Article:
In yesterday’s segment on this subject, we described several different types of confined spaces, as well as the numerous hazards associated with them. Today, we will include a checklist of recommendations from OSHA for safe entry. Government statistics show that around sixty percent of the fatalities associated with confined spaces accidents are of well-meaning, but untrained, would-be rescuers who lost their own lives in the process of trying to save someone else. Here is an actual accident that resulted in death because of a lack of hazard awareness and unplanned rescue attempts:
A self-employed plumbing contractor entered an underground water line vault to inspect a backflow device. The contractor collapsed shortly after entering the vault. A supervisor noticed the man down, and entered the vault in a rescue attempt. Both men had entered an untested oxygen-deficient atmosphere, and died as a result.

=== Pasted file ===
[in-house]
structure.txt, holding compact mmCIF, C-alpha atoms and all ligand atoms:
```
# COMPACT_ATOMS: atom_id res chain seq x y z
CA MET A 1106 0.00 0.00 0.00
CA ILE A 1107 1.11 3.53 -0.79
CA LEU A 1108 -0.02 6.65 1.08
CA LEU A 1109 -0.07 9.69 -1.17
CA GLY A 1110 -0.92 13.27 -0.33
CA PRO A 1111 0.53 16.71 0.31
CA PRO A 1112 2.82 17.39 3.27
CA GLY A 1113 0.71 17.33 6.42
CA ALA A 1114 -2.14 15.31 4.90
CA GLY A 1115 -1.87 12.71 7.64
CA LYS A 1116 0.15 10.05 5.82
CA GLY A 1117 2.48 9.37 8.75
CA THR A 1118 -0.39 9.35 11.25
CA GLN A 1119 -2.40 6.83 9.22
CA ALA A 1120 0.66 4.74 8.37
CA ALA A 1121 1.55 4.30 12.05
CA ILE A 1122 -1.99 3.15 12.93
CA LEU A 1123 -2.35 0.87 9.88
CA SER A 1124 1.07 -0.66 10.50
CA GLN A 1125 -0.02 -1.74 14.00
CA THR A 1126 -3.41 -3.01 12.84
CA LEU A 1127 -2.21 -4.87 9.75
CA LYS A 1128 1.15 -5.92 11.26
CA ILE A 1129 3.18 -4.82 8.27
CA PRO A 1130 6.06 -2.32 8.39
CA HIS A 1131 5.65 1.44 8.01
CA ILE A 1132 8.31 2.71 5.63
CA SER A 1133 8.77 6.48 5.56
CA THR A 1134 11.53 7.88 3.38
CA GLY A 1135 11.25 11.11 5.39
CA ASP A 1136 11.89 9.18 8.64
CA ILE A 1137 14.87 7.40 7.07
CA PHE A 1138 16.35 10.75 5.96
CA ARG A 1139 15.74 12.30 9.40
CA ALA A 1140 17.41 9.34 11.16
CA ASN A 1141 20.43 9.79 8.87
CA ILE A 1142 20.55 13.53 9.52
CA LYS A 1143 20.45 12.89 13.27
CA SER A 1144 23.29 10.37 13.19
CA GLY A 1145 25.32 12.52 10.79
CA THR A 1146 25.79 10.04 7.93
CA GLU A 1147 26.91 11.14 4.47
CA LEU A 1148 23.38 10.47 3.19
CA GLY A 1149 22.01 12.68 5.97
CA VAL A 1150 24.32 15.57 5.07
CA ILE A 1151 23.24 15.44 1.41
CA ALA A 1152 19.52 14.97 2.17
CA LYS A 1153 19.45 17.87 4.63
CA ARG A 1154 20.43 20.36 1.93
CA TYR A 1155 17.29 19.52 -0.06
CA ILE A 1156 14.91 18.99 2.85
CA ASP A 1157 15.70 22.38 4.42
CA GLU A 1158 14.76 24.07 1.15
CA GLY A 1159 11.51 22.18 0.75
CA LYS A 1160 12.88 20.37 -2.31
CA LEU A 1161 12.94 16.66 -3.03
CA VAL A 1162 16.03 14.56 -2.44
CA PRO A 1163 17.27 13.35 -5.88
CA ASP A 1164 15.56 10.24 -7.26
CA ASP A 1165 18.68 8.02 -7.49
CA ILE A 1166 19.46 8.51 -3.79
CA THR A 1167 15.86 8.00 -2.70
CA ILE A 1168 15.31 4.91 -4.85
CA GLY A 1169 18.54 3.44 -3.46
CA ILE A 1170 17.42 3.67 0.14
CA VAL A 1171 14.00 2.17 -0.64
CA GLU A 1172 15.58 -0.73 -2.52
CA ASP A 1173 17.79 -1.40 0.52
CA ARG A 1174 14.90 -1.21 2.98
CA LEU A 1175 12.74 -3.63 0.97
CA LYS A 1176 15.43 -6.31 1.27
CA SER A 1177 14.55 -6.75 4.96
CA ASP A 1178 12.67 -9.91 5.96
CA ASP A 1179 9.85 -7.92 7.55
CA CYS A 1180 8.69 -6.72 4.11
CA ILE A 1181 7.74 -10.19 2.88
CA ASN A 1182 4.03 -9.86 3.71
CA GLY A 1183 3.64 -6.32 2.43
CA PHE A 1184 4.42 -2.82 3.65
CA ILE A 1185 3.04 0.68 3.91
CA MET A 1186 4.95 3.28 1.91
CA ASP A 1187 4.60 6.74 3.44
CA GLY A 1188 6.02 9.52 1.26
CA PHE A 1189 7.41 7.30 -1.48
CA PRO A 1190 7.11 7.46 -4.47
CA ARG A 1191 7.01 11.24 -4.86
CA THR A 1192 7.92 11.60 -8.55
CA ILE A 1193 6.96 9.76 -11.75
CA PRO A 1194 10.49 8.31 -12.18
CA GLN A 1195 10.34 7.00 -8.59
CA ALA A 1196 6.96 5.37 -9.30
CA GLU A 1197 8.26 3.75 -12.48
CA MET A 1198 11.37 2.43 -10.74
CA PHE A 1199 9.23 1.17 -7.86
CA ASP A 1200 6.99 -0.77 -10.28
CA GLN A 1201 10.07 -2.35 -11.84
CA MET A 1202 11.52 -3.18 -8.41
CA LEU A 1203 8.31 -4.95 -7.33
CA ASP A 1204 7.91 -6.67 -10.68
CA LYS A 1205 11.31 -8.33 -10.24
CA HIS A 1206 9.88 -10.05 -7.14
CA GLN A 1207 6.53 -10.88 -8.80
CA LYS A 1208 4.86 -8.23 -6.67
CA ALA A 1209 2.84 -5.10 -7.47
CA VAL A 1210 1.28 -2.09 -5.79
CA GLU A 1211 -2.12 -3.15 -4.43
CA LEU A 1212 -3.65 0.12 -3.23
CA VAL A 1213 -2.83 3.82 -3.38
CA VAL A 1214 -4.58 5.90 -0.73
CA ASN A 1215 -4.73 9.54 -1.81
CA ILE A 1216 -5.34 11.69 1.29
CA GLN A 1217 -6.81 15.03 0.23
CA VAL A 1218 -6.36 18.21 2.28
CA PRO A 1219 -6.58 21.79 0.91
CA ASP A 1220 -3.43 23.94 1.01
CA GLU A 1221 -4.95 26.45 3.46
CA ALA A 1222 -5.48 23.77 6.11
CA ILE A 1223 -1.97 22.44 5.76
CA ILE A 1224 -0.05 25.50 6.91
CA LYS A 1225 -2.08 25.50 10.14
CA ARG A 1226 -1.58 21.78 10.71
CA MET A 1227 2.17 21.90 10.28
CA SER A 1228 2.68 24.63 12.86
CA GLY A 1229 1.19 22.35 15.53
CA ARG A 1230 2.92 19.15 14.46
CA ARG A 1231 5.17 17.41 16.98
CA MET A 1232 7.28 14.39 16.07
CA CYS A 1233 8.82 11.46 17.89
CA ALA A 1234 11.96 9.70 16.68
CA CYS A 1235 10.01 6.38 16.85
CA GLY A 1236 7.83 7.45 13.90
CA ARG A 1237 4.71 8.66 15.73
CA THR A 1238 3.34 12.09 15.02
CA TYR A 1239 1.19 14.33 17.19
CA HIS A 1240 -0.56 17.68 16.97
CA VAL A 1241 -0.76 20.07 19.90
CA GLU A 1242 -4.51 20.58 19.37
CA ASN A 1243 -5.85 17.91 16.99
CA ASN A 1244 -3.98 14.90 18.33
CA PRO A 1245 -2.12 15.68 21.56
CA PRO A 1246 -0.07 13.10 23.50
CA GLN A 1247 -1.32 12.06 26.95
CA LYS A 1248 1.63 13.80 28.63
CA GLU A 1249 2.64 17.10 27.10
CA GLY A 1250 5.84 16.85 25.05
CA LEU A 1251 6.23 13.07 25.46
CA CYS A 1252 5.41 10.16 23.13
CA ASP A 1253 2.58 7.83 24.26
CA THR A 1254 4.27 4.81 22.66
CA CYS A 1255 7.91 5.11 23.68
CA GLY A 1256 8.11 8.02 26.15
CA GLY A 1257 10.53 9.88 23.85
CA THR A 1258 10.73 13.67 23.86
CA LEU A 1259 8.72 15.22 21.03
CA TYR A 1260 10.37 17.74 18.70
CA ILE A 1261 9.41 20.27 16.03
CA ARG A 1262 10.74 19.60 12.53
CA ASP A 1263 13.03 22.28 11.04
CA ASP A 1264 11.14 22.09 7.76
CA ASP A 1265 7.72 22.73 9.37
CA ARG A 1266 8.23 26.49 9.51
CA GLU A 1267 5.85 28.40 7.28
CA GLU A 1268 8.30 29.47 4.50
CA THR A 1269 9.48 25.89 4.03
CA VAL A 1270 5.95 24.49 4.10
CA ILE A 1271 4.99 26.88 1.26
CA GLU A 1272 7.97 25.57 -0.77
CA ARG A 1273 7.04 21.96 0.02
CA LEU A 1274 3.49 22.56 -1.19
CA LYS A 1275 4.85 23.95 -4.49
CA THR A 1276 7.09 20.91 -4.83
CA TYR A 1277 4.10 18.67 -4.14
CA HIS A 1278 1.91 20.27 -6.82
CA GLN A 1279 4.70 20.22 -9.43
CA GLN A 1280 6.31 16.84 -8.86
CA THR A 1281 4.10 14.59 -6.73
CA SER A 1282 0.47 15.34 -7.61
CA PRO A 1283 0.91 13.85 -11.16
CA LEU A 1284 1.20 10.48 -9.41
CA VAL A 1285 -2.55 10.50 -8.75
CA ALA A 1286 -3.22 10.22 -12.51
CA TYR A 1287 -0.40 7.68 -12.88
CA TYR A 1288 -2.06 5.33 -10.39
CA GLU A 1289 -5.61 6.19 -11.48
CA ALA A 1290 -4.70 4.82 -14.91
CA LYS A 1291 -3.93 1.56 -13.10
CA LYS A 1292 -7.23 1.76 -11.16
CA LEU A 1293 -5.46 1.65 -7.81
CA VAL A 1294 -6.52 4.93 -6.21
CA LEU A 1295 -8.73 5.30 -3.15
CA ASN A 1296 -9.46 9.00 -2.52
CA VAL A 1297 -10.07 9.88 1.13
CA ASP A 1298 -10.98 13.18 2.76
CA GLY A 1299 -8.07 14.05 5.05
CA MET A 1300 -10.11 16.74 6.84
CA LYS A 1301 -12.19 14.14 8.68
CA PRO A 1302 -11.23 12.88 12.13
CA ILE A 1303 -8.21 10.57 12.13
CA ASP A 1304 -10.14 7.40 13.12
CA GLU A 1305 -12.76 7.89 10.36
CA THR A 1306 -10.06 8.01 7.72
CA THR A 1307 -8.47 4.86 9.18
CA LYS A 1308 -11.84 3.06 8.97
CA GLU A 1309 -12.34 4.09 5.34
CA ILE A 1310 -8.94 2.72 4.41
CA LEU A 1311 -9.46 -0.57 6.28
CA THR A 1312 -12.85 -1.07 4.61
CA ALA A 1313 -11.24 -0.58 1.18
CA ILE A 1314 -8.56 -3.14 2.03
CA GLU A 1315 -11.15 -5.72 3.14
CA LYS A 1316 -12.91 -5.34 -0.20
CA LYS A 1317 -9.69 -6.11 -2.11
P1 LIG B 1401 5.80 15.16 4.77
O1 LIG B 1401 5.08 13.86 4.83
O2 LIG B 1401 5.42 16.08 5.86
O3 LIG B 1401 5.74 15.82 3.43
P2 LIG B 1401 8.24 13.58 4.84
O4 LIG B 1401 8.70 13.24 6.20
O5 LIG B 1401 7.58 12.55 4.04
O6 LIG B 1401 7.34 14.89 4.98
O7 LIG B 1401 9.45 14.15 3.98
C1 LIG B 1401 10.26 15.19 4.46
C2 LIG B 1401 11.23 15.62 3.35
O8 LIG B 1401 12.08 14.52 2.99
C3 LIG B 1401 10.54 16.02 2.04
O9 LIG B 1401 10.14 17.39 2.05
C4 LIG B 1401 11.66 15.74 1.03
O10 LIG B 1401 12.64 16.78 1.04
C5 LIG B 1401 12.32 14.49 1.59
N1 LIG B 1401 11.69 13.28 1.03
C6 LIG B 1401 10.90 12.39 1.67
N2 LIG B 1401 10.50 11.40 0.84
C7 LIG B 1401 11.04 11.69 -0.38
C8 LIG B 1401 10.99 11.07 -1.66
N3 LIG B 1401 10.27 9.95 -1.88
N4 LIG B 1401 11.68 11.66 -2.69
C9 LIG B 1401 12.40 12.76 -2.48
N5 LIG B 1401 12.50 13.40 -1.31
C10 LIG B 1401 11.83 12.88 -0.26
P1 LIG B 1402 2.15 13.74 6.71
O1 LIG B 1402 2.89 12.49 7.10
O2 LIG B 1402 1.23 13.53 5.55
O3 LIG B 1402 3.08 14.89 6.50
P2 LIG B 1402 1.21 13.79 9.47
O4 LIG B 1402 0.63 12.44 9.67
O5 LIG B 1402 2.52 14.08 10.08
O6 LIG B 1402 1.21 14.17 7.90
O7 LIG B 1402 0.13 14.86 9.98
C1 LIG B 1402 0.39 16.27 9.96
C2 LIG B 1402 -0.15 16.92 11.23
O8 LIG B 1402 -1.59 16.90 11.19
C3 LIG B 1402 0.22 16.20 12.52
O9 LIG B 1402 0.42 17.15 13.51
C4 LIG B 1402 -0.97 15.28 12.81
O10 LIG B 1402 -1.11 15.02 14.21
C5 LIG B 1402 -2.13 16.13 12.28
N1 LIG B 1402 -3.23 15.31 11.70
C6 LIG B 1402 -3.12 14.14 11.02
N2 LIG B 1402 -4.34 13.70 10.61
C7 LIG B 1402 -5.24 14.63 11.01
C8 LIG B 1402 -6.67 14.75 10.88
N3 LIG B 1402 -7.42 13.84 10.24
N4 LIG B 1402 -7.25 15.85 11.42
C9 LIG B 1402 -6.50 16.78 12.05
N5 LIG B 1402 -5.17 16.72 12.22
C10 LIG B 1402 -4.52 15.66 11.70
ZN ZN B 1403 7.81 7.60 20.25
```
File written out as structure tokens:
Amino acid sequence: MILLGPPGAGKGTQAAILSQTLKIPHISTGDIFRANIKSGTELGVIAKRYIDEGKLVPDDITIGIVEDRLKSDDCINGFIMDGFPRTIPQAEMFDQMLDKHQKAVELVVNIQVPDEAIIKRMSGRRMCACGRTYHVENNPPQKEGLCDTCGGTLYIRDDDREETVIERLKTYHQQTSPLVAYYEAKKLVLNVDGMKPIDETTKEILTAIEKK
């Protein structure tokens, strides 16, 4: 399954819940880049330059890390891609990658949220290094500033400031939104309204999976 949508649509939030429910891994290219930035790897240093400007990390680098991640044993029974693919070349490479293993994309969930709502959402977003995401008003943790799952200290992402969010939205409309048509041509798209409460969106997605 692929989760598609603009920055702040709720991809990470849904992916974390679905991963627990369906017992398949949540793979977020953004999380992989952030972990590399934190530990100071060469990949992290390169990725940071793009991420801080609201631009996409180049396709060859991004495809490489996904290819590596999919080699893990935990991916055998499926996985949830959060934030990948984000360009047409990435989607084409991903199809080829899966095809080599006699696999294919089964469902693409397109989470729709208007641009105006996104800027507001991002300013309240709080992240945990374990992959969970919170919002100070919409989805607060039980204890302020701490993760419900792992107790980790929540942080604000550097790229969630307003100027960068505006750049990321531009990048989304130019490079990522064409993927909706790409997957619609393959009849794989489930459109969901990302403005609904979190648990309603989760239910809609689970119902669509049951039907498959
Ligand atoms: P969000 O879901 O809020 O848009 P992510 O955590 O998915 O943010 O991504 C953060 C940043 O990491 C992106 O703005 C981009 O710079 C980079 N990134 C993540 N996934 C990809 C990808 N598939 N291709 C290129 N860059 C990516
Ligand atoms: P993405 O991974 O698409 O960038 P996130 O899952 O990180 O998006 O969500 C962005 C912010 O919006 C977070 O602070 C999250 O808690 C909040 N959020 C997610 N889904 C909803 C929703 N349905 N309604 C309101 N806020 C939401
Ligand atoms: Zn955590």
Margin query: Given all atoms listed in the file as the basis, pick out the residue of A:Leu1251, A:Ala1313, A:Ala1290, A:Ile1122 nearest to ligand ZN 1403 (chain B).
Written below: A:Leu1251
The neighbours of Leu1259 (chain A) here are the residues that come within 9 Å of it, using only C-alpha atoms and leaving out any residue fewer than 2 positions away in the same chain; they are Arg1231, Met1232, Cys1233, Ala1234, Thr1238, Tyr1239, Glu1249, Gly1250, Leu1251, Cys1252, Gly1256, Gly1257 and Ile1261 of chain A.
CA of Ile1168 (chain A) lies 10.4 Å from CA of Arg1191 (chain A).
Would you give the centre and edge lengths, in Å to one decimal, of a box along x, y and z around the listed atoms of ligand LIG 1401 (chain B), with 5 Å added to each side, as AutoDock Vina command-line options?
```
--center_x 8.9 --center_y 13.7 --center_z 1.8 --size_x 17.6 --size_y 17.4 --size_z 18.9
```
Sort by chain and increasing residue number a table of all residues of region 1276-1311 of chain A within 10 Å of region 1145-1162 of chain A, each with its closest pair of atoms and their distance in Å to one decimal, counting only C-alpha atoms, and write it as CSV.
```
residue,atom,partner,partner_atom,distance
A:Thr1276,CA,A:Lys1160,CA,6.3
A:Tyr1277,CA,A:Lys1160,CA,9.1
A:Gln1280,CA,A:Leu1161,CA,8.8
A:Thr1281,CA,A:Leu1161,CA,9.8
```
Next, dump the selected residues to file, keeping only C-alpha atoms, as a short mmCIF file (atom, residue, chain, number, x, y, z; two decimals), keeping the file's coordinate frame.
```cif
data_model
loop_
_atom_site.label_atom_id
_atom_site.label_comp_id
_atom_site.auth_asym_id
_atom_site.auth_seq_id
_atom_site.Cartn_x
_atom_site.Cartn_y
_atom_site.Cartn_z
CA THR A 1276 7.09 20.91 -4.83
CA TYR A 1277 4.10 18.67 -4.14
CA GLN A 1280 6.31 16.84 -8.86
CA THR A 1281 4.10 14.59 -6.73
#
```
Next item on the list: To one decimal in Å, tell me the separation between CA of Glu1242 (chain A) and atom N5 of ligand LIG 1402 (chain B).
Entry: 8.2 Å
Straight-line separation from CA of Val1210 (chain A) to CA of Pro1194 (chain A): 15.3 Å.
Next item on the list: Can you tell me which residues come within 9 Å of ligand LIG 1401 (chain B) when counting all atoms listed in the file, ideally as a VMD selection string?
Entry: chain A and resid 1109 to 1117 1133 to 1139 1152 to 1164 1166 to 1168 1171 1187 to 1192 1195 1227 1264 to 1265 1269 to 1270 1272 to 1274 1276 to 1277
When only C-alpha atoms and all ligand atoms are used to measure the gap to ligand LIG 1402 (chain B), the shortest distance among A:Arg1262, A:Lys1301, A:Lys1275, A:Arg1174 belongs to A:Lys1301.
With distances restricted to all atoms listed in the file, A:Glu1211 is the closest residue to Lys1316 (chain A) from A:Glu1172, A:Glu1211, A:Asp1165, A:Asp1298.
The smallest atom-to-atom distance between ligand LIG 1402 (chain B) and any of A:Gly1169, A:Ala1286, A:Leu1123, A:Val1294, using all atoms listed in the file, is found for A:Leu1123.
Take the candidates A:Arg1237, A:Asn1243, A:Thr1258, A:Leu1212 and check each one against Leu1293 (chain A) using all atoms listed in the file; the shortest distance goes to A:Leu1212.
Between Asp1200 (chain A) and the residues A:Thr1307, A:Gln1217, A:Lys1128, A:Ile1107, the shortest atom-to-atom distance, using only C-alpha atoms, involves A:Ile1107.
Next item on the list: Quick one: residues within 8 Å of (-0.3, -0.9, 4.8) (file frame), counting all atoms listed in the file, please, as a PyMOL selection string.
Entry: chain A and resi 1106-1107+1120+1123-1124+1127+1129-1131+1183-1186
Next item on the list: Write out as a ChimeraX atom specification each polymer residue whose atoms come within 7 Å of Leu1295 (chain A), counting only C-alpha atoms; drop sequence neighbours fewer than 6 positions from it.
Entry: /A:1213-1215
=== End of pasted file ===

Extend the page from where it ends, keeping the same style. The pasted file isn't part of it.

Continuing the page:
If proper guidelines had been followed, these fatalities and other similar ones could have been prevented. The two sample checklists below show the importance of attention to detail that must be given before anyone enters a confined space and during work being performed. Standby attendants must be qualified and trained in proper rescue techniques.
Here is one sample checklist, (Appendix D-2) to Standard 29 CFR 1910.146:
I hope that by sharing this detailed information we will all realize how important it is to be aware of the risks that people who work in these type of situations face and how they must comply with the safety rules and regulations; that those who would help them in times of emergencies would be as prepared to enter these places as the ones already inside. This information could possibly save your life, or the life of a co-worker. Rescue agencies (fire departments, police, etc.) are trained to enter confined spaces with the right equipment. One thing to remember: an unplanned rescue could possibly be your last one.